The president wants to expand and extend the Optional Practical Training Program for recent alien college graduates, and Sen. Chuck Grassley (R-Iowa), chairman of the Senate's Judiciary Committee wants to rein it in.
OPT is one of the multitude of foreign worker programs that usually operate under the radar, with few paying attention to them. While DHS describes these workers as "students", OPT has nothing to do with either students or studying. Instead it allows some foreign graduates of U.S. universities to work after they have graduated for up to 29 months, while simultaneously giving the employers of the OPT aliens bonuses for hiring them rather than resident workers, as we have pointed out earlier.
The administration, according to a Grassley letter to DHS Secretary Jeh Johnson, is contemplating an extension of OPT worker authorizations to, under some circumstances, six years, and making it possible for aliens whose most recent degree is in a non-STEM subject, but whose earlier degree was in science, technology, engineering, or math, to be eligible for the program, as they are not now.
Grassley based his statement on a briefing on OPT provided by DHS to the Senate Judiciary Committee on May 28.
Grassley had a 10-point counter proposal, which included a call for better management of the program (which is now largely provided by the alien's last university), a demand that employers of OPT graduates be subject to the E-Verify program (which is aimed at preventing the employment of illegal aliens), requiring a fee from the employers equal to the savings they now obtain by using OPT workers (who are not subject to payroll taxes), and a numerical ceiling for the program.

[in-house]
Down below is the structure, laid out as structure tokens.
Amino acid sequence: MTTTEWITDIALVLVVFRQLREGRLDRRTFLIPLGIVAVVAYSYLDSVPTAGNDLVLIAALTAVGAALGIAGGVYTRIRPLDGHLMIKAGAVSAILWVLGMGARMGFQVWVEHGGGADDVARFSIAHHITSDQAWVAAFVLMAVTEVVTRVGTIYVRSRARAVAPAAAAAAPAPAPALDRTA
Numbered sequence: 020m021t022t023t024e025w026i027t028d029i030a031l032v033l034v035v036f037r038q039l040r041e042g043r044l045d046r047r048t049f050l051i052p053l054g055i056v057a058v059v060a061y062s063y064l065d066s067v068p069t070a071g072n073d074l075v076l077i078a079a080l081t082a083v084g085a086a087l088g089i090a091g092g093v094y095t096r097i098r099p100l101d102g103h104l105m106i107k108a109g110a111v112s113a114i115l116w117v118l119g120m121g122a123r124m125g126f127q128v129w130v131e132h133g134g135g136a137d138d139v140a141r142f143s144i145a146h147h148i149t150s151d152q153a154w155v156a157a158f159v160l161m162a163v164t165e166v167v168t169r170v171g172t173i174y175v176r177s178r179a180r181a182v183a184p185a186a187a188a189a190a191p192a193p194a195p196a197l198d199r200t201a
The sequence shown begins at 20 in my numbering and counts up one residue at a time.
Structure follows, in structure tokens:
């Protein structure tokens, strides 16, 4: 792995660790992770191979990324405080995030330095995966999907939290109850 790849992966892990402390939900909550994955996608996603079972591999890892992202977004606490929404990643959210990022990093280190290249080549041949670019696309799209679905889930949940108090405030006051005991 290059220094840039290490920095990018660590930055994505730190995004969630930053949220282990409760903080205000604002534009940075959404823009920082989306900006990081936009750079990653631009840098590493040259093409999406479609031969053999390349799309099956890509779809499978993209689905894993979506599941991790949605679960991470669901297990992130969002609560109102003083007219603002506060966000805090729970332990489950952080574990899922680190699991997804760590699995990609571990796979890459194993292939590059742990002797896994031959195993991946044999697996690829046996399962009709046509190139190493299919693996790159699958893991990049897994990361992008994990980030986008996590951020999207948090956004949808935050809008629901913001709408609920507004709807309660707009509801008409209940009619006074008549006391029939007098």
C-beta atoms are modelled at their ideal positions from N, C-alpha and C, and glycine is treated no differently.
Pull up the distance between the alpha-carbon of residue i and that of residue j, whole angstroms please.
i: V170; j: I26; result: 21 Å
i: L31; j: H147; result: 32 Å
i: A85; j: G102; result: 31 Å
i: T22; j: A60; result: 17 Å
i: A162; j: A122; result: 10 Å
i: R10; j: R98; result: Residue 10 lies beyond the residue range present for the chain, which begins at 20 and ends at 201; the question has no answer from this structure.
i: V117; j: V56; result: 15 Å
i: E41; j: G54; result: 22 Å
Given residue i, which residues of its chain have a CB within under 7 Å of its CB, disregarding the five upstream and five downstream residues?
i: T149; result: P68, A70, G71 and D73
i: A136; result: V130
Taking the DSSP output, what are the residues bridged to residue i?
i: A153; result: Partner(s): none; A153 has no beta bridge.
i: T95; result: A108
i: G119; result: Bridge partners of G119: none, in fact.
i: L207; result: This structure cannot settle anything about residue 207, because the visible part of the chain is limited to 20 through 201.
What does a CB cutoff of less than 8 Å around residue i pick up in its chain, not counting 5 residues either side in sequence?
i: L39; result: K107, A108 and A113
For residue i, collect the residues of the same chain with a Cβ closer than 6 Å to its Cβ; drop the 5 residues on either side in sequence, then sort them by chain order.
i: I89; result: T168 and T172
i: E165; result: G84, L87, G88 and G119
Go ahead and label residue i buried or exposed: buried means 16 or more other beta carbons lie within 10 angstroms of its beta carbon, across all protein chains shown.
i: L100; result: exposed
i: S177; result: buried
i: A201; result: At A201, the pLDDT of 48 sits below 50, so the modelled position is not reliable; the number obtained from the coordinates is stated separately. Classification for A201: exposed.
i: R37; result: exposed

These proposals and the others are useful steps forward and my only regret is that Grassley did not point out that the current bonus given to the employers for hiring OPTs comes from their escape from FICA and Medicare taxes, thus denying perhaps a billion dollars a year to the Social Security and Medicare Trust Funds. This is, of course, a totally needless drain on two major programs for America's growing elderly population.
Grassley's proposal called for the OPT employers to pay a fee equal to their current bonus (the avoidance of the payroll taxes), but does not specify what happens to those fees.